A hamster’s teeth never stop growing. Hamsters that don’t have chew sticks or chew toys end up with extra-long teeth that a veterinarian has to trim. Chew sticks help hamsters keep their teeth healthy and filed down.
Hamsters have poor eyesight and rely more on their sense of smell to get around and find food. They also bond with you based on your scent, which they’ll recognize after spending some time with you.
Hamsters need a well-rounded diet. Their food usually includes commercial hamster pellets from pet stores, small quantities of fruits and vegetables, timothy hay, occasional treats, and clean water. Timothy hay is great for small pets that need a lot of fiber. Some good hamster treats would be nuts, boiled egg bits, or mealworms.
Just like dogs, you should never give hamsters chocolate. Chocolate contains theobromine, which is toxic to hamsters. You should avoid giving your hamster anything with alcohol or caffeine in it as well.
Hamsters like keeping their cages clean. They’ll only use one or two corners of their cage to urinate or defecate, making it easy for you to replace soiled bedding. You can also train hamsters to use a litter box.
Hamsters also like to hide, so you should provide them with plenty of substrate. They’ll burrow underneath of it to create a hollow hideaway.
Hamsters live to be two to three years old if you give them the proper care and attention. The lifespan of a hamster can also vary depending on the breed.
How Smart is a Hamster?
Hamsters are intelligent and will respond to their own name if you use it frequently enough.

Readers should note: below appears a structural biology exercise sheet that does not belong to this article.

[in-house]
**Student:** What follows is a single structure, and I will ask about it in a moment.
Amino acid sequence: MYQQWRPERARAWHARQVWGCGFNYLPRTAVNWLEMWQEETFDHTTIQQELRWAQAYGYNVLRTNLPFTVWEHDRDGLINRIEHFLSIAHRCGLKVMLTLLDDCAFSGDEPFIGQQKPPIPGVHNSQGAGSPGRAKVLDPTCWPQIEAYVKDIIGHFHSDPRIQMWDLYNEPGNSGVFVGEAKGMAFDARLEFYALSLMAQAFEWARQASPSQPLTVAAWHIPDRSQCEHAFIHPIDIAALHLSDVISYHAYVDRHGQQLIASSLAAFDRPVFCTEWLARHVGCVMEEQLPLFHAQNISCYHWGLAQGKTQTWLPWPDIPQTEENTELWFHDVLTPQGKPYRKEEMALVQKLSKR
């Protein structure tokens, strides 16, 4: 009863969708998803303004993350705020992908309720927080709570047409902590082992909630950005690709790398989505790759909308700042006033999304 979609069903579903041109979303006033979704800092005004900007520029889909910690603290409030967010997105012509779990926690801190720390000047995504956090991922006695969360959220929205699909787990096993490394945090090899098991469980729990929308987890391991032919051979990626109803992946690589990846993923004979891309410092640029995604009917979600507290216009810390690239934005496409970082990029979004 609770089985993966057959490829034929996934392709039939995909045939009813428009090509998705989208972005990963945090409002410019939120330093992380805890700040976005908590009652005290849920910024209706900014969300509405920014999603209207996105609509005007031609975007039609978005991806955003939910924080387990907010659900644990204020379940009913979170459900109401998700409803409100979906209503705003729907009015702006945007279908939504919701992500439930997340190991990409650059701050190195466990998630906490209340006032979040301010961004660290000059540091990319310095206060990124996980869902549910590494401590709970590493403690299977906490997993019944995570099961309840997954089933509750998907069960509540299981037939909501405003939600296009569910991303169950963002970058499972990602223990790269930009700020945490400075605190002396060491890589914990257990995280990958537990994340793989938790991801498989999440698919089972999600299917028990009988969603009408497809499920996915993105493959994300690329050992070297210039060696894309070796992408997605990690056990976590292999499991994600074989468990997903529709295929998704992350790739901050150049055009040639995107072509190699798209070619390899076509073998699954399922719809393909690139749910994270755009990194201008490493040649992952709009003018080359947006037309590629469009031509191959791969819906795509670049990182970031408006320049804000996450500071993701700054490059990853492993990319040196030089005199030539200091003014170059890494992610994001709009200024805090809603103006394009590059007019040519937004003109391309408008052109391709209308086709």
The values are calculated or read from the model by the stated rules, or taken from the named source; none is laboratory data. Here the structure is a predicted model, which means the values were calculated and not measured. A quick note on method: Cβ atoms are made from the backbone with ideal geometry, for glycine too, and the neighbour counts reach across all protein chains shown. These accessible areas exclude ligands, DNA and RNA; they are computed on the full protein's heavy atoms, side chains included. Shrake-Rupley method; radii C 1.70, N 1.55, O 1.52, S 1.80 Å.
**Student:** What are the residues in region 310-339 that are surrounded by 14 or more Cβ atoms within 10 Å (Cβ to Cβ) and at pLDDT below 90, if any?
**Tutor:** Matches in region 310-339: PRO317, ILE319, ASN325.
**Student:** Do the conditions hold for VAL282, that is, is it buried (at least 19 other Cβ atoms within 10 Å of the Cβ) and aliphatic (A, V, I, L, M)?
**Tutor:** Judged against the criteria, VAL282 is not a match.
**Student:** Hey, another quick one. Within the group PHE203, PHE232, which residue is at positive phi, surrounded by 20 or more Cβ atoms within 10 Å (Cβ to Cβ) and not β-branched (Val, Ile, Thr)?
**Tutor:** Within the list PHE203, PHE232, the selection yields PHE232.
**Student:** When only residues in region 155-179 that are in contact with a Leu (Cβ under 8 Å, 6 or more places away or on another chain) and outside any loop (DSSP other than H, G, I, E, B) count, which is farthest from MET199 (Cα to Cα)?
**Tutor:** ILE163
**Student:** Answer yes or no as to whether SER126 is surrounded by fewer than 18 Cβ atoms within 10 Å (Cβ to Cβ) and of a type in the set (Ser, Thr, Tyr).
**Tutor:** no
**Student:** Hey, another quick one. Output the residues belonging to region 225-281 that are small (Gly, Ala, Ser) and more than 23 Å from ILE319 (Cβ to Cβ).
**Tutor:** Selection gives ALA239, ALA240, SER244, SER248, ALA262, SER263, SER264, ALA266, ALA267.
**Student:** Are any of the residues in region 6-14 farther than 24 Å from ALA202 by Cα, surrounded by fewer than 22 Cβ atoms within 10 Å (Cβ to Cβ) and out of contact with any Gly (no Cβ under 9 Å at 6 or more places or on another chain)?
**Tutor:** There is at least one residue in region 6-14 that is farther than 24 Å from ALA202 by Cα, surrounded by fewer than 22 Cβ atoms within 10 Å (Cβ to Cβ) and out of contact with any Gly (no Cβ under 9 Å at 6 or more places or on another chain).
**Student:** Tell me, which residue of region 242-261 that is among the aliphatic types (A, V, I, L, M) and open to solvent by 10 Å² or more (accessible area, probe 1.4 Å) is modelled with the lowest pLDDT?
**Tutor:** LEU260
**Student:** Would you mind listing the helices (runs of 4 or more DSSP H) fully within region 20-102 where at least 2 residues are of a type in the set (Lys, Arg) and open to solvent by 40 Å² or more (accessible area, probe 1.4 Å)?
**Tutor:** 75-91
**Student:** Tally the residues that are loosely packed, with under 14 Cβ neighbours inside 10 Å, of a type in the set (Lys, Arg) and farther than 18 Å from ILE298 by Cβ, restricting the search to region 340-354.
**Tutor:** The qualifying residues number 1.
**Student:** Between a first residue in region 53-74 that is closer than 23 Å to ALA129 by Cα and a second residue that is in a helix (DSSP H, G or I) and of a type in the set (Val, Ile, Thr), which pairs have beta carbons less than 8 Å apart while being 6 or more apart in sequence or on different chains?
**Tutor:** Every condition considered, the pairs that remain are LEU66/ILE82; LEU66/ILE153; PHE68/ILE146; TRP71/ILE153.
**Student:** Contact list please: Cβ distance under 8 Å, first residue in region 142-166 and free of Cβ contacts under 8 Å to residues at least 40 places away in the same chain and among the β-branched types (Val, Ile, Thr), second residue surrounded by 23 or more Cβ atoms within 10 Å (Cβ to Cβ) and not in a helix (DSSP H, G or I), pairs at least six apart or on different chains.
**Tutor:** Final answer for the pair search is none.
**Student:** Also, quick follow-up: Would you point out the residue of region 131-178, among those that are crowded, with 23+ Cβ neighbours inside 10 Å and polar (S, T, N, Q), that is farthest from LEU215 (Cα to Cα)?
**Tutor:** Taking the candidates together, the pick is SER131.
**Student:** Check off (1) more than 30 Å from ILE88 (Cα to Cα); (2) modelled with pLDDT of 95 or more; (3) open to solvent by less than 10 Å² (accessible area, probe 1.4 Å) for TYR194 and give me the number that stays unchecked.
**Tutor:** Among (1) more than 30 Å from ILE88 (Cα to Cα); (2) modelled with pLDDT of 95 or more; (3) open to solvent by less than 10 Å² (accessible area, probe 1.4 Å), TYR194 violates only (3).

Hamsters should get a checkup from a veterinarian at least once a year. They can develop many health problems, including illnesses such as pneumonia, eye problems, and dehydration.
Hamsters are banned in Hawaii
Hawaii’s climate and environment is very similar to hamsters’ native habitat. That fact, along with hamsters’ high reproductive rate, means that wild hamsters could quickly form large colonies that would upset agriculture and other species in Hawaii.
Endangered European hamsters
Wild European hamsters were once widespread across the continent, but they’re now endangered. Changing agricultural practices, land development, and pollution have all contributed to these hamsters’ decreasing numbers in Western, Central, and Eastern Europe.
Why Are Hamsters Good Pets?
Hamsters make great pets – that’s why so many people adopt them! Although hamsters like to have a big cage that they can keep tidy, they also love leaving their habitat every now and then to play. Some of the best (and safest) hamster toys are tunnel mazes and hamster balls.
Although hamsters love playing and bonding with their owners, they can also be easily startled. Before you approach your hamster, call out their name to let them know you’re coming. Always approach a hamster from the side, too.
Syrian hamsters are solitary creatures. If you put two Syrian hamsters in a cage together, they will start fighting. They get territorial starting at about six to ten weeks of age. Once your hamsters are this old, they should have separate cages.
Who knew there was so much to learn about hamsters? If you’re considering adopting a pet hamster, always get the facts about the animal first, before bringing it home.